In one of the last scenes, we see Katie sitting in a chair with her mom. Katie's mom gives the camera a smirk as she strokes Katie's arm, "What? Did she think I wouldn't know? Periods don't have glitter in them." Katie's reaction says it all:
Katie's mom is more concerned with retaliation and being perceived as funny than the big picture. Hardy har har, she made her young male coworker laugh, and the boy band thinks she's cool, but what about her daughter? Absolutely, Katie was rude and she never should have talked to her mother the way she did, but the mom's antics are toxic in a mother-daughter relationship just entering puberty.
Some people are championing this commercial as being a pioneer because it makes light of periods. I'm all for humor, and I think this commercial had a lot of potential, but the humor falls flat for me. In the end, the commercial further cements the message that a period is something to be ashamed of, it's gross, it's weird, and it's not something that mothers and daughters talk about. Instead, the answer is a period starter kit that Katie's mom seems to think will fill in where her parenting fails. The answer is making your daughter more embarrassed of her fertility and thinking of a period as some kind of curse instead of a sign that she is becoming a woman and is perfectly healthy.
Like most young women, Katie is obviously very susceptible to peer pressure. (After all, it was the wanting to fit in and faking her period that ignited this escapade.) A girl entering puberty who is already susceptible to peer pressure is going to have some tough times, and she needs a loving, trusting relationship with her mom to guide her. Unfortunately, Katie is probably never going to talk with her mom about "girl problems," dating, sex, drinking, or drugs.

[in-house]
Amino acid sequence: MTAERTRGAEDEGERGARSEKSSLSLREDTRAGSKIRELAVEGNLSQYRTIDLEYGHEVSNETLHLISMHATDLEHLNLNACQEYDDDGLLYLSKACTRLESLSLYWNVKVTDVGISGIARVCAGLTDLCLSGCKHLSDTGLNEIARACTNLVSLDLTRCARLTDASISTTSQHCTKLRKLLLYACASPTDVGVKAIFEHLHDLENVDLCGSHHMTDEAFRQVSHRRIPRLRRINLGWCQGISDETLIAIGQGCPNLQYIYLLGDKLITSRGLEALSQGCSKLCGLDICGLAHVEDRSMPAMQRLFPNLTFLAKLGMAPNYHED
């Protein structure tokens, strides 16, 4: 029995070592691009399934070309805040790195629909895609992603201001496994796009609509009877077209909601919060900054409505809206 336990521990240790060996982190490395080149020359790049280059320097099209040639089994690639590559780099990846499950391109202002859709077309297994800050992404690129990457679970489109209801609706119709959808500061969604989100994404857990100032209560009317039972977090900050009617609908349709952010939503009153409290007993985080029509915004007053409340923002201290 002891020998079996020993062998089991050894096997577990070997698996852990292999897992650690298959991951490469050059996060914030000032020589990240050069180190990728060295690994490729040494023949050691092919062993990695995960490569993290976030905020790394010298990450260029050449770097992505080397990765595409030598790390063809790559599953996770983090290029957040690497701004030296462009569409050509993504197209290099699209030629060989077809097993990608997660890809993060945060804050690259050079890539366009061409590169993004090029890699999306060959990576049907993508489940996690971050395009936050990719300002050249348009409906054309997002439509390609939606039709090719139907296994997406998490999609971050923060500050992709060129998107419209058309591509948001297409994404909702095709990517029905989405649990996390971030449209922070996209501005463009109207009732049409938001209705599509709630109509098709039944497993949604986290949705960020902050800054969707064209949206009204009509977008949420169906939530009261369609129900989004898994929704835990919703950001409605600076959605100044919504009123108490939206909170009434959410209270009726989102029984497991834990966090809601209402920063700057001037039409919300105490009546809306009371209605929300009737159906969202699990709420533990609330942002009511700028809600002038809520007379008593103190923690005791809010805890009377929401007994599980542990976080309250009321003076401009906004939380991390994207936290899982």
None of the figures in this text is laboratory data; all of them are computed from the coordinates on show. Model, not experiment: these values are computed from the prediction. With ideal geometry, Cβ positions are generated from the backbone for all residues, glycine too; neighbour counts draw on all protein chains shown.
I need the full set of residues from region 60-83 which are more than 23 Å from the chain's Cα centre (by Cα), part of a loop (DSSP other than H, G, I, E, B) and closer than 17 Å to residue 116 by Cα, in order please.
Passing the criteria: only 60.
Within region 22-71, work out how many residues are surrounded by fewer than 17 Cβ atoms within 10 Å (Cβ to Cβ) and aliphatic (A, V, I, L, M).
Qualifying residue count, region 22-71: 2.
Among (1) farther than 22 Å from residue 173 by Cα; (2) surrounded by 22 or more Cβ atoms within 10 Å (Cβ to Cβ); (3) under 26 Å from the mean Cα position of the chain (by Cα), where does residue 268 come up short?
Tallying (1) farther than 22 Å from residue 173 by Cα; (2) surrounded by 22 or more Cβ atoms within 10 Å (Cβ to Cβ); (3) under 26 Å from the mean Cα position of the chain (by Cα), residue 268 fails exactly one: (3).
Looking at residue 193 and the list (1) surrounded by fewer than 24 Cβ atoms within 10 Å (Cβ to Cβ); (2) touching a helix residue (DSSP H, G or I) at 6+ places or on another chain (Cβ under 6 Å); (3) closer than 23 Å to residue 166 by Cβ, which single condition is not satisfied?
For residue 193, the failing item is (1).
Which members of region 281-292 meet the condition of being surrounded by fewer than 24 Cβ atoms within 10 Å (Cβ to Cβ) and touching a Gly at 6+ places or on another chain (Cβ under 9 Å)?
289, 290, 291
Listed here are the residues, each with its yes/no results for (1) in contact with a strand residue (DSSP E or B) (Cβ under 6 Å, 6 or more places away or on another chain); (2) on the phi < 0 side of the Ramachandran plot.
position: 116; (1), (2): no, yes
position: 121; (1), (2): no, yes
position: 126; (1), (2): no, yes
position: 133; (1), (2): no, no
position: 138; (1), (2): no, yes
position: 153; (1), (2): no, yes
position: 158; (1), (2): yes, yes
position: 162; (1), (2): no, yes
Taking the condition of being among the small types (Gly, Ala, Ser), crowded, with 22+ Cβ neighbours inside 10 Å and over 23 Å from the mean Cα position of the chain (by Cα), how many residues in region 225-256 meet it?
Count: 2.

Katie's mom taught her this: be respectful, or I won't hesitate to publicly shame you. If you hurt me, I will turn on you when you need me most. I will not take into account your age or your immaturity, and I will have no regard for the big picture. I will do what suits me in the moment.
The trouble with this commercial is that we're brought in as comrades with Katie's mom. We feel like we're along the ride to show brat Katie who will get the last laugh. If the commercial were from Katie's vantage point, it wouldn't get the laughs, likes, and shares on social media. Those of us who had embarrassing first period stories would feel for the poor girl. The mom's bullying would be clear, and we probably wouldn't think it was funny. We'd see a girl who's in for a lifetime of being unable to open up to her mother. As a result, she'll be more likely to end up at risk for depression, premarital sex, STD's, teen pregnancy, and suicide. I know a lot of you will think I'm being melodramatic, but that's what happens when a young girl isn't getting love and affirmation at home. She'll seek out love and affirmation in unhealthy, risky behavior that will leave her hurt. I know you'll tell me, "It's just a commercial," but I'm imagining fictional Katie with a few more years of living with a bully mom. I don't think we'd be laughing at the results.
Katie may have acted like a brat (who didn't from time to time at that age?), but she deserved more from her mother. She deserved punishment for acting like a brat, she deserved her mother's forgiveness, and she deserved an open, ongoing conversation about her sexuality with her mother. Instead, she got public shaming and a resolve to never trust her mother again. That's a recipe for disaster in a teenage girl, and that's not what I want for my daughter. The "First Moon Party" is a flop for me.
At the end of the day, it's a silly commercial, but I think this silly commercial is saying a lot about our culture's attitudes toward parenting and a girl's coming of age.